Sunday, February 10, 2013

Chocolate Recipes for Chinese New Year

Chocolat Chocolate Snake
恭賀發財 Gung Hay Fat Choy! Chinese New Year begins today. This is the Year of the Snake. Chinese food is not usually known for chocolate, but there are actually many chocolate treats to make or buy to celebrate the Chinese Lunar New Year!

This is the Year of the Snake! According to a Chinese saying, a snake person in the house is a good omen because it means the family will not starve. This is because snake people, being intelligent, cunning and wise, are good in business. Not only this but this year’s black water snake is also yin in nature and females often are more willing to make sacrifices to protect the family. No big surprise there.

To celebrate the Year of the Snake, you can buy Chocolate Snakes at Morkes Chocolates  or Chocolate Snakes at Chocolat. I have a lot of chocolate molds, but not snake molds.

There are also several recipes you can make, not necessarily snake related!

Lora Brody has a recipe for Chinese Noodle Nut Clusters at Epicurious. It looks like ChowMein, but tastes sweet and salty.

Hint: Using chocolate chips instead of bar or block chocolate makes a better "batter" that makes  clusters easier to form. You can find cans of Chinese chowmein noodles in the Asian food section of the supermarket. The ones you want are cooked and ready to eat like crackers.


2 cups (10 ounces) semisweet chocolate chips
2 tablespoons sweet butter
2 cups (about 4 ounces) Chinese chow-mein noodles, broken into 1/2-inch to 1-inch pieces (vary the sizes)
1 1/4 cups (5 ounces) dry-roasted salted peanuts, shaken in a sieve to remove excess salt

Line baking sheet with wax paper, parchment paper, or aluminum foil. Set aside.
Melt chocolate chips and butter together in metal bowl set over, but not touching, saucepan of simmering water, or in microwave-safe bowl in microwave oven. Stir mixture until smooth.
In large mixing bowl, toss noodles and peanuts together.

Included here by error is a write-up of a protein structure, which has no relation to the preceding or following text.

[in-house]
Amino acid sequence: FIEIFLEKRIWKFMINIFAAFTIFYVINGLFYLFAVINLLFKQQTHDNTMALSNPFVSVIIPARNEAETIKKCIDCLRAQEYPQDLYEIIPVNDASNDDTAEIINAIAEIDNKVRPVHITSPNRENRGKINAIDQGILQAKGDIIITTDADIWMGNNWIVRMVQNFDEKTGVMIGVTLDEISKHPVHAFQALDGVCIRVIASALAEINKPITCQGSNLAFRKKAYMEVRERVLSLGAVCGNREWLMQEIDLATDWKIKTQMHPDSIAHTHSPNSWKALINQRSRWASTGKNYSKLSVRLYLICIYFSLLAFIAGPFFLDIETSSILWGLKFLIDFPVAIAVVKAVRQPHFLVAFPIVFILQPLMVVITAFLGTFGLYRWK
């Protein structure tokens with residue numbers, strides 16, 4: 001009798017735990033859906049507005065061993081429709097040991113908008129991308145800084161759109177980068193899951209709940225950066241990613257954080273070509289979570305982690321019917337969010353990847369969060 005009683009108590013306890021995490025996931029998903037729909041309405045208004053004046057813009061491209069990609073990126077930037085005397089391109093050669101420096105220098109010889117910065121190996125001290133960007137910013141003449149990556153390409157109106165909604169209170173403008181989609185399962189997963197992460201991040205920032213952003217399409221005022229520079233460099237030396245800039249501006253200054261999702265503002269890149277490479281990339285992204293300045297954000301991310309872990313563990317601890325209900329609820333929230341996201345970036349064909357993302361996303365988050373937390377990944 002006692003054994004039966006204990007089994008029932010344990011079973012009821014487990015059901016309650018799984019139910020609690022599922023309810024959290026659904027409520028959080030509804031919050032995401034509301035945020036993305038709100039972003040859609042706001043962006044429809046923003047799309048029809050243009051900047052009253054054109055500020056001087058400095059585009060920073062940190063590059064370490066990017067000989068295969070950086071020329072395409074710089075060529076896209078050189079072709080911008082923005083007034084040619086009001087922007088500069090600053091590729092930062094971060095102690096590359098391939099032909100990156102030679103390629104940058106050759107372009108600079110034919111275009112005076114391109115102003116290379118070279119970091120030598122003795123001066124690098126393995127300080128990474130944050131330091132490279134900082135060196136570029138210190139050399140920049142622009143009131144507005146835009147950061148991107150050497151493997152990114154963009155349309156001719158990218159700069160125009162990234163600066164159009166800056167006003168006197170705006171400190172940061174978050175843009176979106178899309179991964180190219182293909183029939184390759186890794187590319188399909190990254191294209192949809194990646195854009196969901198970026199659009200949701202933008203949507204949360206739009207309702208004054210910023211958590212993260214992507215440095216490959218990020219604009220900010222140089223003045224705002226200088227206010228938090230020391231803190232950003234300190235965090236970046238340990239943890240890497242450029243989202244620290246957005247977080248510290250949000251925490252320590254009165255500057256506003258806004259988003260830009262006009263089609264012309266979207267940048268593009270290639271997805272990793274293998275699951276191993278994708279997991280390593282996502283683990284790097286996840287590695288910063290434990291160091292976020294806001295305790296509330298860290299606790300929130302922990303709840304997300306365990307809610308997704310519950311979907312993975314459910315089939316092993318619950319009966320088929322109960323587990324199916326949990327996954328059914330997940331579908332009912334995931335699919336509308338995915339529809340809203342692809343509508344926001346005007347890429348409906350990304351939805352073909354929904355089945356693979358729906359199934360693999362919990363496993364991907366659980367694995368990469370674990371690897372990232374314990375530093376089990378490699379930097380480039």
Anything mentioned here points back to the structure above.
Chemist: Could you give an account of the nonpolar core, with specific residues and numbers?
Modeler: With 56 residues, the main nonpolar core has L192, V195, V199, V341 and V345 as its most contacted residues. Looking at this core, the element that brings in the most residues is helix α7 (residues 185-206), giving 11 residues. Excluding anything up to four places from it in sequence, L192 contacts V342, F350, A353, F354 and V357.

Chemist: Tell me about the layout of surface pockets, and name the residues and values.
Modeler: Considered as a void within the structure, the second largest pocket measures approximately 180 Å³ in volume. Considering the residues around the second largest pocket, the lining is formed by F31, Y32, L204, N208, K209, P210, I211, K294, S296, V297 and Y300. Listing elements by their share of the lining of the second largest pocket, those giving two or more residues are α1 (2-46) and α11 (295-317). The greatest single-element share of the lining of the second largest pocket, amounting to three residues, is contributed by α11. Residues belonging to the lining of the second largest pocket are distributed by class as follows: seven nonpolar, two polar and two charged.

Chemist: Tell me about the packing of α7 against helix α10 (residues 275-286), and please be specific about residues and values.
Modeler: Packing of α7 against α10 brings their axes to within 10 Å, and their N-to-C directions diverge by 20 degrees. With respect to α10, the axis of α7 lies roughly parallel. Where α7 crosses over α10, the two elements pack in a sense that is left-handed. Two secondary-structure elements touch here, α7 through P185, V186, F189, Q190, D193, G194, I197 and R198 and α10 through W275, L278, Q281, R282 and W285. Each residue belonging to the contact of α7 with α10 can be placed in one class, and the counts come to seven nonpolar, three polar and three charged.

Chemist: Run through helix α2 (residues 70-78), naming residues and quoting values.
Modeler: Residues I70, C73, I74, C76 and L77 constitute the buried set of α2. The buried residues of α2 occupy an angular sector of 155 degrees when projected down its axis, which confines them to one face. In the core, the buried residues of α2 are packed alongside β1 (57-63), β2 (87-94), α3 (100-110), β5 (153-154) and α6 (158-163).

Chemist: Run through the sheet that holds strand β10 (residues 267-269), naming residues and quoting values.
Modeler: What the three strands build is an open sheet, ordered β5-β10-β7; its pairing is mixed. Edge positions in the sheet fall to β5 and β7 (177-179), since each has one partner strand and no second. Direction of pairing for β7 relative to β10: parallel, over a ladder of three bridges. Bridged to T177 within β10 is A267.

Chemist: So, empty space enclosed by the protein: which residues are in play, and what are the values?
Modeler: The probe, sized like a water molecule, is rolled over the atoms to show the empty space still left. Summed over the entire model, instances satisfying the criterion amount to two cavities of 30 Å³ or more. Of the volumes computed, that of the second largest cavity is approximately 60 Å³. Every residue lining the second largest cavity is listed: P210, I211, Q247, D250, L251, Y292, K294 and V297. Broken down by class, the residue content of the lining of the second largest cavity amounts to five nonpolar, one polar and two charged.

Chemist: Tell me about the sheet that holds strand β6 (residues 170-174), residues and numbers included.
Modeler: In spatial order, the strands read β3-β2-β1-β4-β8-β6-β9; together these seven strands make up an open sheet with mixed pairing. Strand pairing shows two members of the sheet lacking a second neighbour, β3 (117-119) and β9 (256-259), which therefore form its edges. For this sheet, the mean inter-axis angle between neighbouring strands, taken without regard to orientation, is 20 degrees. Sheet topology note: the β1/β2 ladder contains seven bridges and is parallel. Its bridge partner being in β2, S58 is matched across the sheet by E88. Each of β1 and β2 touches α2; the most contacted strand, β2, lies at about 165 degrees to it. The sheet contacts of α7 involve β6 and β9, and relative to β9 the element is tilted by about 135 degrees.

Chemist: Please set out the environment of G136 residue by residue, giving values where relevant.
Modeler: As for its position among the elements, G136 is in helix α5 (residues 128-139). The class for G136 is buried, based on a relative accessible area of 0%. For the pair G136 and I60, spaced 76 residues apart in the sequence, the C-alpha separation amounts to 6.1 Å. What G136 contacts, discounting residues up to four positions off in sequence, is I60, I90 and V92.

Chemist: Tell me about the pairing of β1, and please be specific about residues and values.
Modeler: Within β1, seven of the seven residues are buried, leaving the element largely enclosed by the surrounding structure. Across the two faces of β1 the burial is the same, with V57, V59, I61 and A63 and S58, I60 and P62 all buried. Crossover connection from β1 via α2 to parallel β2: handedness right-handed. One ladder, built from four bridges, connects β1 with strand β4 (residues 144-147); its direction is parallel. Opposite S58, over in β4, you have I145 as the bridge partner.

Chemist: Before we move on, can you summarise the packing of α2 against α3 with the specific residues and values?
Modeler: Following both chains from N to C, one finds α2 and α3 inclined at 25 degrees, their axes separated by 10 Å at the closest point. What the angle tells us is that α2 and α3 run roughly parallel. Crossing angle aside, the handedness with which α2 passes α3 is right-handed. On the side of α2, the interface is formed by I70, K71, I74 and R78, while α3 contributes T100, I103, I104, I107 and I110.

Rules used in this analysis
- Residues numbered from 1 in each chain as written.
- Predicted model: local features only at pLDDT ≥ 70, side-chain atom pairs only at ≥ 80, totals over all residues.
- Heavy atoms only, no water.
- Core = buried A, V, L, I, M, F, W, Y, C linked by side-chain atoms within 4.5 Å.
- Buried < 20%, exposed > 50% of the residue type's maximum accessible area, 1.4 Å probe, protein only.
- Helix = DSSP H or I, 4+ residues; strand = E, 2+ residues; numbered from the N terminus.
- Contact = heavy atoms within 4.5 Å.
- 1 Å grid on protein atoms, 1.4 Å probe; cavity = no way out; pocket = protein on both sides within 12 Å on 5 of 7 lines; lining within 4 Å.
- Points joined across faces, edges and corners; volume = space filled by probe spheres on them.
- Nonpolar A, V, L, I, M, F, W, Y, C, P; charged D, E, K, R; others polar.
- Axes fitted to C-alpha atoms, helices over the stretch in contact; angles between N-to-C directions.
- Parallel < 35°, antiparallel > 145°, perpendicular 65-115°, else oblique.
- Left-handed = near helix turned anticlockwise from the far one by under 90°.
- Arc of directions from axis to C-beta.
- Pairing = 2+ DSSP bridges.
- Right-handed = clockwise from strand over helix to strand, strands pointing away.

Pour  melted chocolate mixture over them.
Working quickly before chocolate hardens, use rubber spatula to mix and coat noodles and nuts with chocolate.
Use 2 soup spoons (or teaspoons, depending on how large you want  clusters) to scoop up portions of mixture.
Set clusters on prepared sheet.
Set baking sheet in a cool place (not refrigerator) until chocolate hardens.
The clusters can be stored in an airtight container at room temperature for up to 1 month.

Pichet Ong and Genevieve Ko
had a recipe for Chocolate Kumquat Spring Rolls at Epicurious. Haven't made these yet, but you might want to try them on Sunday.
Want to bake? Chronicle Books Blog has a recipe for Chinese Five-Spice Chocolate Chiffon Cake. It's made with cinnamon, aniseed, cloves, ginger and fennelseed.
O.K. You know I'm always looking for the easy way out. You can always dip fortune cookies in chocolate? How easy is that? Want to be more festive. Dip the chocolate covered fortune cookies in sprinkles or colored sugar near the end)

Chocolate Covered Fortune Cookies

15 to 20 fortune cookies
1/2 cup dark chocolate, broken into pieces

Line baking sheet with wax or parchment paper. Place chocolate chips (or chopped chocolate) in top of double boiler or in saucepan on top of another saucepan with simmering water on bottom. Heat until melted.
Holding fortune cookie by its end, dipping rounded bottom of cookie into chocolate. Let excess chocolate drip off (then roll lightly in sprinkles if you want).
Place chocolate covered fortune cookie on wax or parchment paper. Continue with remainder of cookies.
Put cookies in refrigerator to cool. Store in airtight container or eat. I would eat them right away, really... Candy brings joy, and maybe your fortune will be good. :-)

Gung Hay Fat Choy!


Anonymous said...

A delectable. tasty serpentine treat and no animals were harmed!

Great photo. A real snake charmer!

Pattie @ Olla-Podrida said...

That snake looks DELICIOUS!

Anonymous said...

I love chocolate chow mein! It's a guilty pleasure.